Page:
“Laid on top of this, asymptomatic screening for infection is far harder than it might seem, and generally we test people with symptoms.  Of course, with COVID-19, this can cause problems if people spread the virus before they become symptomatic and seek testing.

“In theory, the lateral flow tests distributed by DHSC that were manufactured by Innova have been validated in UK trials.  At least some of the evidence behind this has been published, and this showed some variation in accuracy depending on who uses the test, and on which people.  But the widespread home, school and workplace testing with lateral flow remains controversial because of remaining limitations in evidence that it is actually effective at preventing virus spread.  Because the tests are being used so widely, it’s also far harder to check that all the tests are functioning correctly in all locations.

“Hopefully the guidance for use of DHSC lateral flow tests has always been clear – and the public has understood: a negative home lateral flow result does not rule out being infected (or infectious).  Thus, these home tests should only be used to try to help pick up community cases early: a negative test does not prove anyone is “safe”.

“The FDA notice talks about ‘for diagnostic use’ and the DHSC home test kits are not exactly intended for diagnostics.  If you do have COVID-19 symptoms, then you need a PCR test to help confirm if you are infected with COVID-19.  Asymptomatic testing is not really a diagnostic process, because no-one is ill.  This may be a reason to be cautious about rejecting Innova tests based on the US FDA recall.  In other words, it’s possible that the Innova products flagged by the FDA are being sold for a different purpose.  It’s also possible that whatever problems the FDA noticed, will be fixed rapidly by Innova.  Let’s hope this is the source of the notice from the US regulator.”


Prof Sheila Bird, Formerly Programme Leader, MRC Biostatistics Unit, University of Cambridge, said:

“The report by the Royal Statistical Society Working Group on Diagnostic Tests ( ) was issued on 9 June 2021, presciently but coincidentally one day ahead of the US Food and Drugs Administration’s stop of the Innova SARS-Cov-2 antigen rapid qualitative test.  The RSS report made 22 recommendations on: study-design matters (10), regulation matters (6) and transparency matters (6).  The FDA action addresses all three elements.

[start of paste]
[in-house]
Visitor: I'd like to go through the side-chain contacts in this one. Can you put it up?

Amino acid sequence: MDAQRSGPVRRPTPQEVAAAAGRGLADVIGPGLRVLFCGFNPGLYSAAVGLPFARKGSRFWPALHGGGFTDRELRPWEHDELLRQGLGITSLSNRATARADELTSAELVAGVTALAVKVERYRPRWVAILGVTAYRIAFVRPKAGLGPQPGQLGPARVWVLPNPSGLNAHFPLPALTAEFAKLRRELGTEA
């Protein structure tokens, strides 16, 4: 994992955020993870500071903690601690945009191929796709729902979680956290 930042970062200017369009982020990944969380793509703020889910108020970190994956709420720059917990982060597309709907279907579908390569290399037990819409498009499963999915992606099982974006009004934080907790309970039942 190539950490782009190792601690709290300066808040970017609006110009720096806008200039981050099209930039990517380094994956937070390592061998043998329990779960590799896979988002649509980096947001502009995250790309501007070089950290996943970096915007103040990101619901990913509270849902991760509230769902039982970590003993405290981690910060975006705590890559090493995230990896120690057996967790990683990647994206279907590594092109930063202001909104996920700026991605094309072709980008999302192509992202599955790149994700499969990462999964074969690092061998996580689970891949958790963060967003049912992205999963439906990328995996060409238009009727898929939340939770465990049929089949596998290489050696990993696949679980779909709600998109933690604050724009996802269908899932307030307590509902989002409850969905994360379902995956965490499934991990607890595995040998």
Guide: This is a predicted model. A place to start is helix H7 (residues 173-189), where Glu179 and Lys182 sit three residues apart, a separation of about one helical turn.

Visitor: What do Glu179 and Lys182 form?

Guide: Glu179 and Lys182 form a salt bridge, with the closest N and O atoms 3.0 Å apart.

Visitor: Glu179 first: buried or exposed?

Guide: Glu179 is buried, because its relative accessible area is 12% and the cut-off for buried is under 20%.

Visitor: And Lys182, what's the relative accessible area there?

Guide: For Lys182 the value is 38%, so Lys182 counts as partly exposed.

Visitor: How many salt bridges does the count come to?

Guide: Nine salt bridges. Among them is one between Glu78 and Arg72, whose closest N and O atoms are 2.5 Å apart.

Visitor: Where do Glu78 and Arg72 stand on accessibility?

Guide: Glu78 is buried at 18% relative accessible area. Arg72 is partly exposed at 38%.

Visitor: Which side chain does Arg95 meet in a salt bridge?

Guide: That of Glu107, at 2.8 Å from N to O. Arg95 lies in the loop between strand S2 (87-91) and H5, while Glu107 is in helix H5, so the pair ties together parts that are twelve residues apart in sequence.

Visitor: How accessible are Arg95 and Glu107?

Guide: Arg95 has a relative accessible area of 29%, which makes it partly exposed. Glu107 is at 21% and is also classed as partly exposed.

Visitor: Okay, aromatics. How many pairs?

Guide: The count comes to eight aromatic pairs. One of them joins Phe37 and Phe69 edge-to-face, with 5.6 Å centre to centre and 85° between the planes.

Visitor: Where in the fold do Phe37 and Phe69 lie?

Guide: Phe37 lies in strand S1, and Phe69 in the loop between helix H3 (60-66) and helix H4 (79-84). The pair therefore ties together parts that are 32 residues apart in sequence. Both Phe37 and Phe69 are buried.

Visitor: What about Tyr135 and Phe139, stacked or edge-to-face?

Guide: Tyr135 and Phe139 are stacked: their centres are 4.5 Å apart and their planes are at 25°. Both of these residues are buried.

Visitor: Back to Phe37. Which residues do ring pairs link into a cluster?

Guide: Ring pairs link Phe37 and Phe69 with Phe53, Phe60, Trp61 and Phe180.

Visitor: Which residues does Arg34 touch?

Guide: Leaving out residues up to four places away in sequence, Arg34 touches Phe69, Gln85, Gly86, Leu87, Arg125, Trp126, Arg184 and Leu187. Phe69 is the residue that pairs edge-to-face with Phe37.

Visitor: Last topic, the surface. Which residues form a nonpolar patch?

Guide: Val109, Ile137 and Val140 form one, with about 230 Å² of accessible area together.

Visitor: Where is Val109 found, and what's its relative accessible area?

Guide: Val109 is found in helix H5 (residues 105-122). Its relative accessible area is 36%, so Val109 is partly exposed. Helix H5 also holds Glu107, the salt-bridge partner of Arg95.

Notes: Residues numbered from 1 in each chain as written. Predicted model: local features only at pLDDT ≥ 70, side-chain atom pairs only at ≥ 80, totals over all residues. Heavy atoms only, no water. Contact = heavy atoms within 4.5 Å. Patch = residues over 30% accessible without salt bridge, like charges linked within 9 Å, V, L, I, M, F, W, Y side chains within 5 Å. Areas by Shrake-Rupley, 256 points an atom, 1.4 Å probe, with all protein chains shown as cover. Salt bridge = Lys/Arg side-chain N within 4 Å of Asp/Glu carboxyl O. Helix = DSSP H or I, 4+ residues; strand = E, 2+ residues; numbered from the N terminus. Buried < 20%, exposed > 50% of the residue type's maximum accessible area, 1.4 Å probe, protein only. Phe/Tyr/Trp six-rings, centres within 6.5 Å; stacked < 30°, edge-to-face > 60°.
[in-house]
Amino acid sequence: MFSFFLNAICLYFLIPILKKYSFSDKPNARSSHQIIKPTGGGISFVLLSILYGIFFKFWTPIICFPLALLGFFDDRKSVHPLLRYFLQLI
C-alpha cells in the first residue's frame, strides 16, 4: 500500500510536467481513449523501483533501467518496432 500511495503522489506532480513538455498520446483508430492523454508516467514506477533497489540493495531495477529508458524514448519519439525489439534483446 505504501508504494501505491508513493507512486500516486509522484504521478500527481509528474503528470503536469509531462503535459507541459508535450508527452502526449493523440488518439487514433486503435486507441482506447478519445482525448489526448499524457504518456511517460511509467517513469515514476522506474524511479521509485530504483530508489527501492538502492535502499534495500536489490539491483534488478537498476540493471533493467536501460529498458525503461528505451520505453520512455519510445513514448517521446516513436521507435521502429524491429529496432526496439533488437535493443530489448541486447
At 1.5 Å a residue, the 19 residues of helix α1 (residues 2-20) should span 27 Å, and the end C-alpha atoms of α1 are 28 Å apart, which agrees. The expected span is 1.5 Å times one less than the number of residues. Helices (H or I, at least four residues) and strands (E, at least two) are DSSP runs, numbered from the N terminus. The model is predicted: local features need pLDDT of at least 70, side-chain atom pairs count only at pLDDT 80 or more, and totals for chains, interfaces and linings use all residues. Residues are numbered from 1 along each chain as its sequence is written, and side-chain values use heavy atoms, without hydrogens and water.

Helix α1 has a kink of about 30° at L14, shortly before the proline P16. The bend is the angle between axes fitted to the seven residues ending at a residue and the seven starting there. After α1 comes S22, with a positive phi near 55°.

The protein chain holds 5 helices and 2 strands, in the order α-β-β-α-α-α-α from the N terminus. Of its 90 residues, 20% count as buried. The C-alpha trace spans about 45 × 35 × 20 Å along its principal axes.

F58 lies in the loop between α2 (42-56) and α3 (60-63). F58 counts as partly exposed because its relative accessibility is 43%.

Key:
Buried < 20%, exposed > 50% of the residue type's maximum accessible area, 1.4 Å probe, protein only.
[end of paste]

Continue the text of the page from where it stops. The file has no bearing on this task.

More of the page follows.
“The UK’s regulator, the Medicines and Healthcare products Regulatory Authority, needs urgently to clarify the extent of read-across from across the pond to the 7-kit lateral flow test-packs which DHSC has made available to UK citizens for twice-weekly asymptomatic screening and which currently feature in the randomized controlled trial of Daily Contact Tracing versus self-isolation that Michael Gove announced his participation in.

“The RSS Working Group calls for stricter regulation of in vitro diagnostic tests and stronger heed to statistical science – notably study-design and statistical reporting standards – in their evaluation.”



All our previous output on this subject can be seen at this weblink:



Declared interests

Prof Sheila Bird: “SMB was proposer and is a member of the Royal Statistical Society’s Working Group on Diagnostic Tests and serves on RSS’s COVID-19 Taskforce.  Since January 2021, SMB also serves on NHS Test & Trace/PHE’s Testing Initiatives Evaluation Board.”

Prof Jon Deeks: “JD is an external advisor to the MHRA and the WHO, and leads the Cochrane reviews of the accuracy of tests for SARS-CoV-2 supported by funding from the Foundation for new Innovative Diagnostics.”

Dr Alexander Edwards: “No conflicts.”

Prof Sheila Bird: “SMB was proposer and is a member of the Royal Statistical Society’s Working Group on Diagnostic Tests and serves on RSS’s COVID-19 Taskforce.  Since January 2021, SMB also serves on NHS Test & Trace/PHE’s Testing Initiatives Evaluation Board.”